Haskin Photo Blog: Journey with the Greats

With my cup runneth over with 3-year-olds these days, I had it suggested to me to run more old photos of great horses. So that is just what I did. They're not exactly professional and a few are downright amateurish, but they're all from the heart. Some of these, mainly Secretariat and Riva Ridge, have been posted on earlier blogs, but this is more of a gallery of greats, with many of the photos accompanied by personalized captions in an effort to bring the readers closer to these magnificent horses and their personalities. So, step back in time and enjoy the images of racing and the horses who made history.


Damascus, the horse who started it all. He was tough and durable, a real blue-collar horse who had the most explosive, devastating move I've ever seen, even to this day. It is only fitting that in my first photo of him at Claiborne Farm he is dashing through his paddock caked in dirt.


And how did Damascus get covered in dirt? He loved getting down and dirty in his paddock, just as he did on the racetrack.


Laffit Pincay raises his whip in triumph after 4-year-old Affirmed defeated 3-year-old Spectacular Bid in their epic Horse of the Year showdown in the Jockey Club Gold Cup.


Yours truly with Alydar.


This isn't a very good photo, but it's one of my favorites for nostalgic reasons. This is Dr. Fager at Saratoga about to work five furlongs for the following week's Washington Park Handicap, in which he set a new world record for the mile. The day before, I had purchased my first camera, a Kodak Brownie Instamatic, and just as Dr. Fager stepped on to the track, the skies opened up. As everyone ran for cover, I went the other way, dashing to the rail to get my quick shot of Dr. Fager. As you can see, the exercise rider and pony rider are looking at this idiot who's running out in the pouring rain to take a photo. Despite the poor quality and composition, you can see still see that rich blood bay coat and how Dr. Fager is already in a zone, focused on the task at hand, his neck slightly arched and nostrils flared . I've kept this photo in my wallet ever since.


These next three photos of Secretariat were published in an earlier blog, but I decided to post them again. This first one is after being saddled in the Preakness. I had photographed him looking straight ahead, and when he heard the click of the shutter, he turned his head and looked right at me...or through me. It was a memorable one-on-one moment with a legend.


This one is of Secretariat and Riva Ridge at Belmont Park going out for separate works on the turf course in September. The slow mile was of no help to Big Red after Penny Tweedy and Lucien Laurin decided to run the colt in the Woodward Stakes and scratch Riva Ridge when the track came up sloppy. Secretariat had just broken the world record for 1 1/8 miles two weeks earlier after having been sick and now he was being asked to come back quickly and stretch out to 1 1/2 miles. Prove Out still had to run the second-fastest mile and a half in Belmont history in the mud to beat him.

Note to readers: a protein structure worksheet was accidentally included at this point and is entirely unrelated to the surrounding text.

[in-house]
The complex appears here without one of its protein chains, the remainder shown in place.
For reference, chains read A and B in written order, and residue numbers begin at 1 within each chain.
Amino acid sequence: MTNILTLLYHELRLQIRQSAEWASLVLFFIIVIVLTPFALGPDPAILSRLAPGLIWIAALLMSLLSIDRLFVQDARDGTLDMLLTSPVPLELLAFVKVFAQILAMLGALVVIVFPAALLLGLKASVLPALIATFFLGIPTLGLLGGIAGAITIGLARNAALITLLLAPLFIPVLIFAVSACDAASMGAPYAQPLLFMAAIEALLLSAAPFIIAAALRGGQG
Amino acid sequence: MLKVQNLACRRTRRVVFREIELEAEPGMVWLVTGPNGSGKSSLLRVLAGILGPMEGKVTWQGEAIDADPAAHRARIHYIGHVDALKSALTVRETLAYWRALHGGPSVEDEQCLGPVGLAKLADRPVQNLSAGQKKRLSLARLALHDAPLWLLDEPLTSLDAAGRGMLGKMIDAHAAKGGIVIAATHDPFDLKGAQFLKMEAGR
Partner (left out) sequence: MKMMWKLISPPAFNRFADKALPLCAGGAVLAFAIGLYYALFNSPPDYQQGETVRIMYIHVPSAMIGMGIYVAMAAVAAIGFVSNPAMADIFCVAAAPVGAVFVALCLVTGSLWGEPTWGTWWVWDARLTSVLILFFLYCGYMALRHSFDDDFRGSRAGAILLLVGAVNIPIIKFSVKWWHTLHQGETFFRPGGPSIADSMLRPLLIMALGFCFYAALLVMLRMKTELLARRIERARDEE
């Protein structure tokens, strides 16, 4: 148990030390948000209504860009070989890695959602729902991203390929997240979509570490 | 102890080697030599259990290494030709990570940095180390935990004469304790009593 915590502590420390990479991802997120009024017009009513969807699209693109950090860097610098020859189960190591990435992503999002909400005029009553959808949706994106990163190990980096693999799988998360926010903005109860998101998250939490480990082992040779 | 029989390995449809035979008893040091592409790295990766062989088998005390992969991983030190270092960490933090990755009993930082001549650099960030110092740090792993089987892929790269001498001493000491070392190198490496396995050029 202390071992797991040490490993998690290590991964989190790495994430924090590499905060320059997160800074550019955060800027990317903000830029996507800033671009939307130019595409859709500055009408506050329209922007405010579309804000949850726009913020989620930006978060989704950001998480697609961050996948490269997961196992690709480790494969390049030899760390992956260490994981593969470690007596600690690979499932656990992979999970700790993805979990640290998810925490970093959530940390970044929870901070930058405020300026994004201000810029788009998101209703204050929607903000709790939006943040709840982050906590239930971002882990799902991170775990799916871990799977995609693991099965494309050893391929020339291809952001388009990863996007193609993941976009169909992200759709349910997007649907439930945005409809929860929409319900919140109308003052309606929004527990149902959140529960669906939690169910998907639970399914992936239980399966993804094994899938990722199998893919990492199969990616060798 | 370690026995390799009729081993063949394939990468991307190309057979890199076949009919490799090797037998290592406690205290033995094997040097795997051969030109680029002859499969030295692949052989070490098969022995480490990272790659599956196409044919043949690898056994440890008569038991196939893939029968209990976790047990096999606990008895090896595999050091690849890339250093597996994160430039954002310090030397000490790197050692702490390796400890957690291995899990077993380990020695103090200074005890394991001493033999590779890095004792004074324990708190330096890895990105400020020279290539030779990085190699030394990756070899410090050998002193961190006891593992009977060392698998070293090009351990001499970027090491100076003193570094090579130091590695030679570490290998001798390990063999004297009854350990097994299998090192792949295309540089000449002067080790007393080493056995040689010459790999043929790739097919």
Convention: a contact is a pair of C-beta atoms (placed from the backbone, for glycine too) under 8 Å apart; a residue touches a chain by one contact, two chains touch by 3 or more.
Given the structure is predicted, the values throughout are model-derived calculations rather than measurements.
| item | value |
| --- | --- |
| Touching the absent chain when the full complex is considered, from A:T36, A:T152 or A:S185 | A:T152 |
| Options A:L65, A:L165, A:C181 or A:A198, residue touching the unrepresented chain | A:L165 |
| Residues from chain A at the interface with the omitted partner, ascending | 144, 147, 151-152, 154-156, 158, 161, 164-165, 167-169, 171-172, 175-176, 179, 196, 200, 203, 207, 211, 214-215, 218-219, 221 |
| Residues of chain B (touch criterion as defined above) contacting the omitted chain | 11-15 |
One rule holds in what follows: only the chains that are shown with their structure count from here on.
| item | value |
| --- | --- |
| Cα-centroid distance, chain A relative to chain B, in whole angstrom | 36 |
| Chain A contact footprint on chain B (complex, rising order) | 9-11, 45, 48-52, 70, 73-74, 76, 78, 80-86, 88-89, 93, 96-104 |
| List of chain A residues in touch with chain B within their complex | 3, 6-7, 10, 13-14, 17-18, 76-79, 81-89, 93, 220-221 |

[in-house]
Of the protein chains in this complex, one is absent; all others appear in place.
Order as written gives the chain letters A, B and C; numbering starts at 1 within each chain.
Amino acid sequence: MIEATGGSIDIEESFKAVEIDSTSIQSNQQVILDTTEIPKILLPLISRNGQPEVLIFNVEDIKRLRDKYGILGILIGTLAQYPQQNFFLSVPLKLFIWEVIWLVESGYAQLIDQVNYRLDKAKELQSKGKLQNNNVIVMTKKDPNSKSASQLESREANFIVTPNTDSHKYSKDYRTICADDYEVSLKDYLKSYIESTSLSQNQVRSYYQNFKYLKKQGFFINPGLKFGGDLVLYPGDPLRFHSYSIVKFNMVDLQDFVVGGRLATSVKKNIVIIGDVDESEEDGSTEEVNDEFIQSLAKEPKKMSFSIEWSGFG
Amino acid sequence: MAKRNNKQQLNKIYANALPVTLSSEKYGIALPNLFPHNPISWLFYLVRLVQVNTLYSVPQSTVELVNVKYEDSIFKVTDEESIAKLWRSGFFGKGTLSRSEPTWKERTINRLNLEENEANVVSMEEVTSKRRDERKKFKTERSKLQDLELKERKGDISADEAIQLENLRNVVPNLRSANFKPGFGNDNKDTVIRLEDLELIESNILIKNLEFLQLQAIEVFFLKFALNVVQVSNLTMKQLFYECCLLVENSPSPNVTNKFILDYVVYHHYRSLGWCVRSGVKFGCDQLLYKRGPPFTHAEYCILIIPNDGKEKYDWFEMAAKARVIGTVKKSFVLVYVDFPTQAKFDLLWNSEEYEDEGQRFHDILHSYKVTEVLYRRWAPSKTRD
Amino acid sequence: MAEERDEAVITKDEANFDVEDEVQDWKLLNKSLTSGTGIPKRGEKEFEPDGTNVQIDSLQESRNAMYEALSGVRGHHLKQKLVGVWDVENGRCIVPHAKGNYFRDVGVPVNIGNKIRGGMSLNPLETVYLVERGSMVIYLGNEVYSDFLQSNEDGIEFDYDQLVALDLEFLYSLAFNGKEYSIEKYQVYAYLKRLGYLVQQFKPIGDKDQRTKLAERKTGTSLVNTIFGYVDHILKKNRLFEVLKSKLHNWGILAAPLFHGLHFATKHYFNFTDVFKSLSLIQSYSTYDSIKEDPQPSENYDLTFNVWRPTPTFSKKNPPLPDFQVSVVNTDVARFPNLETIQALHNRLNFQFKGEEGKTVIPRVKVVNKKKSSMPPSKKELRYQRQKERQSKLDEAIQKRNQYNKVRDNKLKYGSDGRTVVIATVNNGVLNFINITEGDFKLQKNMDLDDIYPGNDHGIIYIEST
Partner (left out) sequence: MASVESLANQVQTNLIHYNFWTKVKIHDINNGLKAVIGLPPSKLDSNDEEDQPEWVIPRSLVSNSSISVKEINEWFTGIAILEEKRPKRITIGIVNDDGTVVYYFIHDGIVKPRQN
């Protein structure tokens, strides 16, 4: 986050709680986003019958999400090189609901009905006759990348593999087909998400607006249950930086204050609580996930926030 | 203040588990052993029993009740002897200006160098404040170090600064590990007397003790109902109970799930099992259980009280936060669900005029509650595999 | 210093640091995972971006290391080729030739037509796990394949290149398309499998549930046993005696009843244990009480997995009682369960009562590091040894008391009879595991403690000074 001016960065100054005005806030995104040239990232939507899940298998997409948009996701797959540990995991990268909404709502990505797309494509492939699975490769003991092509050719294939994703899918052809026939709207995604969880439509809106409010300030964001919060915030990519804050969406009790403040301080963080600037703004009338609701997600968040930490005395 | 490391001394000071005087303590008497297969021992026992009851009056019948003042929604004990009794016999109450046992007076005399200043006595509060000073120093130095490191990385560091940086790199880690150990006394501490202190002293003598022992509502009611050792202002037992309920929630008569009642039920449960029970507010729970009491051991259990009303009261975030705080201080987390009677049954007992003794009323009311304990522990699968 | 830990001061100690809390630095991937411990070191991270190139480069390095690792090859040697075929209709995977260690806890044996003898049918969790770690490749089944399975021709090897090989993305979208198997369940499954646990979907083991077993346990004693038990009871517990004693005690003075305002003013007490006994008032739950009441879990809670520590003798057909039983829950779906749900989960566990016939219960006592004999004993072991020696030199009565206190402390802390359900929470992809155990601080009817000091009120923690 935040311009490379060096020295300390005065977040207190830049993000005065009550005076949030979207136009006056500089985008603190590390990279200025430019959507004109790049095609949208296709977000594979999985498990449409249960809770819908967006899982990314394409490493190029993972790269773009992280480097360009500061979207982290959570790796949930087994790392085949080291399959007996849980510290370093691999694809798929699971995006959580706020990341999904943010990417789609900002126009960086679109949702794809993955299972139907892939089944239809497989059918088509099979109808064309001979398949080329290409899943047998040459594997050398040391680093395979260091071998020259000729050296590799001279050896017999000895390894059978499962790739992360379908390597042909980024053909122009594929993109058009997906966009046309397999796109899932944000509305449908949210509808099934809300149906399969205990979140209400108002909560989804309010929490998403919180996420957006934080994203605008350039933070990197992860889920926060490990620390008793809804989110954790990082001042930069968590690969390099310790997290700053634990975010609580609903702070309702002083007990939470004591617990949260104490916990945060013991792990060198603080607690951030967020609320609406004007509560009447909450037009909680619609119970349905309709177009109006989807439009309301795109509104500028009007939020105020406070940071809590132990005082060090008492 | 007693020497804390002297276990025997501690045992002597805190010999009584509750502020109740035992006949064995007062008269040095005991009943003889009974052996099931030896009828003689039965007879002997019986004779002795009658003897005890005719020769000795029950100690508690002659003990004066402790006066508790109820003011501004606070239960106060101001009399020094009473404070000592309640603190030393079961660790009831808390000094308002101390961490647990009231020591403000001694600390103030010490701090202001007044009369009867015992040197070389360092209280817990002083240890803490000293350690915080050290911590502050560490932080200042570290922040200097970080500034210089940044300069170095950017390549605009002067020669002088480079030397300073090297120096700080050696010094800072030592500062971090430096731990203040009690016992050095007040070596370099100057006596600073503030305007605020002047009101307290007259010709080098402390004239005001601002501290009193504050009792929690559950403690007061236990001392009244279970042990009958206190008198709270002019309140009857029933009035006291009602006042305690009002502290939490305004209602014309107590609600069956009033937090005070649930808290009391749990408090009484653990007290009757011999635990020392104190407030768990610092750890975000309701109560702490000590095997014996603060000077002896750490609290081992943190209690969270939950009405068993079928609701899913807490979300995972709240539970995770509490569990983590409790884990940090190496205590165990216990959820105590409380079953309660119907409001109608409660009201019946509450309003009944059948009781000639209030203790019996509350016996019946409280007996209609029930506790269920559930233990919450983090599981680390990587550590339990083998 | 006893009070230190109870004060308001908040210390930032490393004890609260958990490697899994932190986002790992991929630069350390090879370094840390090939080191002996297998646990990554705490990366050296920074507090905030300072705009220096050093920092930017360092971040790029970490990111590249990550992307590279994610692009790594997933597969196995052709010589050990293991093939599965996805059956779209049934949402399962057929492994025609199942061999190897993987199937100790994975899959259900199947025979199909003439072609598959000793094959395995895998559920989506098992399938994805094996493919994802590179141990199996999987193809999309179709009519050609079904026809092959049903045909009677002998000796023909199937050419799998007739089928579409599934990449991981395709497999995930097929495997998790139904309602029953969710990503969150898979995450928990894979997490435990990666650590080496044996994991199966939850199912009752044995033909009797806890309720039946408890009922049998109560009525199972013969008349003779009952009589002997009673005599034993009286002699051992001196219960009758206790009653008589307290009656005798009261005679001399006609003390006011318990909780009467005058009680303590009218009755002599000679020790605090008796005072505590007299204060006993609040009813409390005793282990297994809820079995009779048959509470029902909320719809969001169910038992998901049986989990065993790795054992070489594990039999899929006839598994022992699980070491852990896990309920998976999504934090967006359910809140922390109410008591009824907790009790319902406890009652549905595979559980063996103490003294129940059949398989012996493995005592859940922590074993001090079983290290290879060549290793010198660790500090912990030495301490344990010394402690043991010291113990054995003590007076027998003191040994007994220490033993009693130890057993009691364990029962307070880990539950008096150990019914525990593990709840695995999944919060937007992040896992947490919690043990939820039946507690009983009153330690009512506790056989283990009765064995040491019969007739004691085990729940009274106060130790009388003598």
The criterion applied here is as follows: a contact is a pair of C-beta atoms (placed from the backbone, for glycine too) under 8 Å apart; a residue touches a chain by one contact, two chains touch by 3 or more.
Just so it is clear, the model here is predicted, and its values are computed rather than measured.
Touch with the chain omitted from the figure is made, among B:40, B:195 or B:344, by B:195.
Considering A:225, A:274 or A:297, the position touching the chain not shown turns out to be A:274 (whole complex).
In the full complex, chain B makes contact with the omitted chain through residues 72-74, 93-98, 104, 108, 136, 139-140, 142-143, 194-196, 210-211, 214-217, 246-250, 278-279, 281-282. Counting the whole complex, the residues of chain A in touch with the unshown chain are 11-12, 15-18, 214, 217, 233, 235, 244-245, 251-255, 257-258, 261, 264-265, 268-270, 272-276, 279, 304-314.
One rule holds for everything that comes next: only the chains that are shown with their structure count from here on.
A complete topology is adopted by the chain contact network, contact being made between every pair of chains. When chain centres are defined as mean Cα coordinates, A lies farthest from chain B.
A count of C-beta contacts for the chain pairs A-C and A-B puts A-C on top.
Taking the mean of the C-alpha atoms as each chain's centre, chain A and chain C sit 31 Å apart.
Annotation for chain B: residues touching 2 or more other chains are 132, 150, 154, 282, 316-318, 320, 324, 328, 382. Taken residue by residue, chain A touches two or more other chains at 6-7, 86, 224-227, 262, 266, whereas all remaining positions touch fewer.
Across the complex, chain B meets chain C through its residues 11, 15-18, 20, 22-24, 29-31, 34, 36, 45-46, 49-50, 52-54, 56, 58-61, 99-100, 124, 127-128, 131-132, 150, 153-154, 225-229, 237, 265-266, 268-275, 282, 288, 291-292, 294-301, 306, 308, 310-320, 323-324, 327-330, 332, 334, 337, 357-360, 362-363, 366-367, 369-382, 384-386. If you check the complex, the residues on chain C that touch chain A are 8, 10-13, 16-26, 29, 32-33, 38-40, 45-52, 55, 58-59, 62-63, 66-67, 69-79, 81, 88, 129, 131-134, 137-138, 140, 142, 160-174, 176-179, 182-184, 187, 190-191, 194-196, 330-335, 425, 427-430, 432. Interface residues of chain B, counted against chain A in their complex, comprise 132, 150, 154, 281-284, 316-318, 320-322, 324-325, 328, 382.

Finally, this is my favorite shot of Secretariat at stud. When we approached the fence, he went over and picked up a large branch and brought it over, defying me to try pull it out of his mouth. I felt like I was playing fetch with a dog.


This shot of Riva Ridge the morning after his record-breaking victory in the Brooklyn Handicap also has been published, but it is way too cute not to post again. Riva was such a sweetheart, By the way, that kid holding him is Steve Jordan, who is in charge of the holding barn at NYRA where the horses go before a race. Jordan celebrated his 64th birthday last Belmont Day.


Seattle Slew, with Jean Cruguet up, and Billy Turner on the pony, on a beautiful, quiet morning at Belmont.


Forego never met a camera he didn't like. Here, several unsuspecting fans got a rare treat when the Mighty Forego came to the paddock one afternoon for a short visit.


Speaking of Forego's likes, he always enjoyed a visit from Eddie Hayward, knowing a bag of apples came with the visit.


Check out the bright, intelligent eye of Spectacular Bid as he cools out following his victory in the Preakness.


Spectacular Bid's eyes became as big as saucers everytime he walked by Davona Dale, whose pinned ears suggests she's not enamored with the great Bid. She had just won the Black-Eyed Susan Stakes the day before, and as far as she was concerned, she was the royalty in the stakes barn.


The one and only Exceller in happier days.


Following a rare battle between Kentucky Derby winners, the victorious Canonero II heads to the winner's circle after his American record-breaking victory in the Stymie Handicap, as the vanquished Riva Ridge goes to get unsaddled. Notice Canonero's jockey is Gustavo Avila, who was summoned from Venezuela to ride the colt following several disappointing performances for new owner King Ranch. Avila, of course, piloted Canonero to his stunning victories in the Kentucky Derby and Preakness.


If Bob Baffert's friends thought he was goofy, imagine what his Kentucky Derby winners Silver Charm and Real Quiet are thinking.


A.P. Indy greets a visitor during his first year at stud. Who knew?


Affirmed gallops around the Oklahoma training track as a 4-year-old as he prepares for the Woodward and Jockey Club Gold Cup. Few horses had as kind a disposition as Affirmed. He and Riva Ridge were a pleasure to be around, even as stallions.


Secretariat's farewell at Aqueduct. Once again he put on a show, breaking off into a show horse canter. As he headed back toward the clubhouse turn, a shaft of light beamed down directly on him and seemed to illuminate him, creating a surreal final image.


Finally, Secretariat rises like the Phoenix at his new home at Claiborne Farm.

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